Tools of poetry
Poetry derives its name from a Greek verb which means ‘to create’. It is the oldest form of literature, and it originated as an oral art accompanied by dancing and music.
Its three most important elements are:
o Its sound
o Its visual layout
o The special way it uses language
Rhyme and Layout
Poems are said to rhyme when the last word of two or more lines has the same ending sound. When rhyme is used within the line, it’s called internal rhyme. The pattern they create is called rhyme scheme.
Basic structural units
The structural units of poetry are:
o The line(verso)
o The stanza(strofa)
o Canto or book
A line of English poetry is usually 8 or 12 syllables long and normally the stanzas are 12 or 2 lines long.
Common type of stanza
The types of stanza are:
o The couplet(2 lines)
o The tercets(3 lines)
o The quatrain(4 lines)
o The sestet(7 lines)
o The octave(8 lines)
Run-on line - Enjambement
If a line ends in the middle of a phrase and the meaning break comes in the next line we call this enjambment or run-on line.
Assonance is the repetition of the same vowel sound.
The repetition of the same initial consonant sound in consecutive words.
Repetition and refrain
The repetition is when a phrases or lines are repeated in the course of a poem to create a musical effect. Refrain often comes in ballads as in the question repeated at the beginning of every stanza.
The formation and use of word whose sound illustrates their meaning is called onomatopea.
Rhythm is a natural feature of language; it is most apparent in poetry, and it gives it a distinct musical quality. Unlike Italian language, English is stress-timed. A regular arrangement of stress and unstressed syllables is meter.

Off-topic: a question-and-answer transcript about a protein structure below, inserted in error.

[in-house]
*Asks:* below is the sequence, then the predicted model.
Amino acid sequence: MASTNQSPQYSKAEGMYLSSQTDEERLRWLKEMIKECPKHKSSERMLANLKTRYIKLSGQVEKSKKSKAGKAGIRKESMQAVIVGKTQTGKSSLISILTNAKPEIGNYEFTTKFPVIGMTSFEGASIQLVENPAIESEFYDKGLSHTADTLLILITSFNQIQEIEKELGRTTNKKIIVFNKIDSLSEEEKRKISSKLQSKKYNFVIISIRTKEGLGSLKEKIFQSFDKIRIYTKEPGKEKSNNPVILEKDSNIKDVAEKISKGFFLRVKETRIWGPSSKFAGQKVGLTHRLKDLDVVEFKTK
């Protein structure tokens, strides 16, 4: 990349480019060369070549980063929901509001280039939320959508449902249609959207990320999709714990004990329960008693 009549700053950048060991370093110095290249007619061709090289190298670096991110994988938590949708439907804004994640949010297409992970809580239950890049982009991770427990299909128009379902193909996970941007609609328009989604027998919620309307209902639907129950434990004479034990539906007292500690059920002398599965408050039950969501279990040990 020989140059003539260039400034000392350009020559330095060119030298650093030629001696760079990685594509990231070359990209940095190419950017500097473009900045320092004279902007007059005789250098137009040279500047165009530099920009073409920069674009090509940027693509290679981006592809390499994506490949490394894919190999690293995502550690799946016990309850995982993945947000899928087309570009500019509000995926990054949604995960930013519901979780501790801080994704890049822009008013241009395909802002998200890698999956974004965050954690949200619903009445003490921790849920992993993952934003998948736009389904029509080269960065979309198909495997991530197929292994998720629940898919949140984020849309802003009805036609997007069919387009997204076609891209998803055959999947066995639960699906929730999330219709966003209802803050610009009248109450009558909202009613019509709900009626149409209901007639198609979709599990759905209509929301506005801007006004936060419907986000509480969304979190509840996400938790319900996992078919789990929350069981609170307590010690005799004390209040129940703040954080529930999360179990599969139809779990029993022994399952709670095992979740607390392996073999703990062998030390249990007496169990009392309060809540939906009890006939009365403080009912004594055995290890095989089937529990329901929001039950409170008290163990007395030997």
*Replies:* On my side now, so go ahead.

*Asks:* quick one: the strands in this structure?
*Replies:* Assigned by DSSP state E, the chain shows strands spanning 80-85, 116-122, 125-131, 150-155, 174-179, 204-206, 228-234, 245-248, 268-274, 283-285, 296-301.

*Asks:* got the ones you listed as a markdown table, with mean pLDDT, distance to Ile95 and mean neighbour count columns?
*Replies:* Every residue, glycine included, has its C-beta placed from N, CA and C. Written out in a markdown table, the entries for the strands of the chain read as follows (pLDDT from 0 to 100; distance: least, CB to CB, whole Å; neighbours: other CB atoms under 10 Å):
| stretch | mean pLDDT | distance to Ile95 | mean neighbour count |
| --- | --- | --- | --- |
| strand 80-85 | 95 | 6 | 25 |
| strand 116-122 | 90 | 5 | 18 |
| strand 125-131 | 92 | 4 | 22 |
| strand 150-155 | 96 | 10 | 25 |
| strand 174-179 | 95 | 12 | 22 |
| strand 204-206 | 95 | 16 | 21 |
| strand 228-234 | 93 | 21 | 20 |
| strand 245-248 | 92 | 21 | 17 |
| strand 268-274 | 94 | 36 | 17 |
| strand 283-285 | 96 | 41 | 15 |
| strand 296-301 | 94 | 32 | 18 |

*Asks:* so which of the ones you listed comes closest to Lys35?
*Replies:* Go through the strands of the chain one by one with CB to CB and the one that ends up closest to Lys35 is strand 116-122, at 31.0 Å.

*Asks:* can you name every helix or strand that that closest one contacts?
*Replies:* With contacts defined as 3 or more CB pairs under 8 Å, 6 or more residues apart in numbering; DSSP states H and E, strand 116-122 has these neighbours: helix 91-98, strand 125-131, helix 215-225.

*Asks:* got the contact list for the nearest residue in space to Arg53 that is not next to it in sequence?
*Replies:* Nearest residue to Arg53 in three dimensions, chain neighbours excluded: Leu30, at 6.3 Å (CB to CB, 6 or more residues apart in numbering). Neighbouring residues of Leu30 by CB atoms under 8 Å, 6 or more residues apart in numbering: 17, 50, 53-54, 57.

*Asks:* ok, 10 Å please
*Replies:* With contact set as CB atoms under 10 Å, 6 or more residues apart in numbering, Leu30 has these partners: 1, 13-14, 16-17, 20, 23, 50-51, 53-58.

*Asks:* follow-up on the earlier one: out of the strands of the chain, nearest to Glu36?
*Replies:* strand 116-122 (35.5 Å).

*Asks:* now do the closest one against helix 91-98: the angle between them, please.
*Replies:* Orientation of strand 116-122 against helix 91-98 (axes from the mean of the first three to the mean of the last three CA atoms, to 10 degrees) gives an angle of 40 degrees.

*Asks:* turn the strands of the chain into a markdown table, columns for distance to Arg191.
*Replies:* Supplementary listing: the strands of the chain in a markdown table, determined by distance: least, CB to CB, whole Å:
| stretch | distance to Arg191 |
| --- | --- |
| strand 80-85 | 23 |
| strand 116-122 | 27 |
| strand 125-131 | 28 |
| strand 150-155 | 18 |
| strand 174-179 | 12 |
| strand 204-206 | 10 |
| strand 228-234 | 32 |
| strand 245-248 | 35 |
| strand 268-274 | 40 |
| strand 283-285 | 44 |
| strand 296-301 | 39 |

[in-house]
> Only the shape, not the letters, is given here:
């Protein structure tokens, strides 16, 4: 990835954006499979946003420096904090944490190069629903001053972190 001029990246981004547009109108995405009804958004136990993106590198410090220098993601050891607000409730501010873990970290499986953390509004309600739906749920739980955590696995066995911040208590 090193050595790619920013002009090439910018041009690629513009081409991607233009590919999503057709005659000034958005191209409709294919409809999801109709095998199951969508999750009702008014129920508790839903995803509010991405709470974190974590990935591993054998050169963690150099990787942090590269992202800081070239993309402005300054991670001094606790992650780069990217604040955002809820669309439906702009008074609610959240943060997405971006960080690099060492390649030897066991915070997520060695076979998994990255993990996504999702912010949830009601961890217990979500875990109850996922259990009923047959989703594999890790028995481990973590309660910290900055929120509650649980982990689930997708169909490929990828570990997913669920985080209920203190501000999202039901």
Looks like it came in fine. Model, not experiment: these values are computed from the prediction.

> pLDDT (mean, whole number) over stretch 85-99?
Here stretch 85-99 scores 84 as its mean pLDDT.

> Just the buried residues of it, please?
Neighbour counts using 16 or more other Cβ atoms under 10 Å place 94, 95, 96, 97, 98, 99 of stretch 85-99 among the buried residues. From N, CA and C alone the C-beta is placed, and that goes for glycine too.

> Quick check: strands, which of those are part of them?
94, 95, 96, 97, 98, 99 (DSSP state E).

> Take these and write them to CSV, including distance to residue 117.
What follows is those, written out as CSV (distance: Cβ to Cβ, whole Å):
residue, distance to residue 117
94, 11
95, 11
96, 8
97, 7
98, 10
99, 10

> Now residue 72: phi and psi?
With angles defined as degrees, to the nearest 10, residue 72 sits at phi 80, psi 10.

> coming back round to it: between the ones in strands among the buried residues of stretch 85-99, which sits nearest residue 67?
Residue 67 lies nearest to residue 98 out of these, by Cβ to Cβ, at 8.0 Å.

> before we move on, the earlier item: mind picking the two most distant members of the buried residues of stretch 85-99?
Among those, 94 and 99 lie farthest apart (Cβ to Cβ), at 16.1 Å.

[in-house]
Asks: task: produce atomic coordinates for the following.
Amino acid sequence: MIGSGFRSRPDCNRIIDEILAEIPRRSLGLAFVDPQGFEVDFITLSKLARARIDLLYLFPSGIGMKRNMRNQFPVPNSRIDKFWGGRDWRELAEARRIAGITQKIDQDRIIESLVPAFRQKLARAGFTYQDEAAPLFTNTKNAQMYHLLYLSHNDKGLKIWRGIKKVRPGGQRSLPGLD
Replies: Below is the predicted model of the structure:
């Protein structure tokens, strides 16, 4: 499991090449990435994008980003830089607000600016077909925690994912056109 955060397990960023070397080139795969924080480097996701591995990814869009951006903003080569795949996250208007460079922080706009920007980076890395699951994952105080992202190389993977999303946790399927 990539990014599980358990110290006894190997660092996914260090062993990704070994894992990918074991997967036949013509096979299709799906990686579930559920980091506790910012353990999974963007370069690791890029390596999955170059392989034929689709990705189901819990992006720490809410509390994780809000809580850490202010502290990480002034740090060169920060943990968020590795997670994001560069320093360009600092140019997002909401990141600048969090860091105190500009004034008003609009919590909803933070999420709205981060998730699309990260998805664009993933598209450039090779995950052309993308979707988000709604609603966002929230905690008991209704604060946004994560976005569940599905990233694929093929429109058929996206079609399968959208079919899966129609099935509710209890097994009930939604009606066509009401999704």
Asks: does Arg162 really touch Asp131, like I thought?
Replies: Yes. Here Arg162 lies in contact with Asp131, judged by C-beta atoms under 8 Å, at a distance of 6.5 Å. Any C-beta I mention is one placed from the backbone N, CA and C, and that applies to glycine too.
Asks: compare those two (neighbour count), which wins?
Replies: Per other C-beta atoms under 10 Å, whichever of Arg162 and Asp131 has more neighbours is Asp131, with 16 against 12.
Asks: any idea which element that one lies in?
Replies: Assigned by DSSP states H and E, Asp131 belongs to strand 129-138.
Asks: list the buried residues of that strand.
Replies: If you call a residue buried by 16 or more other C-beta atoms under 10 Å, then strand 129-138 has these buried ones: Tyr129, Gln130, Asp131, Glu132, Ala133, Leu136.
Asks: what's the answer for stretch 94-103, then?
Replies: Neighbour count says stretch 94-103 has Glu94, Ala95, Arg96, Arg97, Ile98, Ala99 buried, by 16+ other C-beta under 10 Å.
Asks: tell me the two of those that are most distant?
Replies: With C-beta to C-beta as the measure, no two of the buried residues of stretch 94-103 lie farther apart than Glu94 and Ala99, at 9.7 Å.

Stressed and unstressed syllables can be combined into different patterns:
o The iambic is the most common foot in English poetry and is formed by unstressed-stress pattern (X/)
o The trochee is formed by stress-unstressed pattern(/X)
o The iambic pentameter is a common pattern of beets in English poetry in which line consists of five iambs.
Rhythm and subject matter
The type of rhythm (regular or irregular, slow of fast, flowing or quick, smooth or hammering) is usually defined by the subject matter and the emotional content of a poem.
At the beginning of the 20th century under the very different influences of the French symbolists, many poet believed that the 1th century had expedited all the possibilities of regular meter, and reject it in favour of free verse.
A simile is a comparison between two things, which is made by specific words of comparison. The functions of a simile are to convey a more vivid idea of scene or object, to make the meaning easier to understand, to introduce an element of surprise and to create an emotional response.
Unlike similes, metaphors are a means of comparison between two thing that are basically dissimilar without the use of connective words such as 'like' or 'as'. The metaphor’s elements are the tenor, the subject of the metaphor, the vehicle, what the subject is compared to, and the common ground, the analogy between them.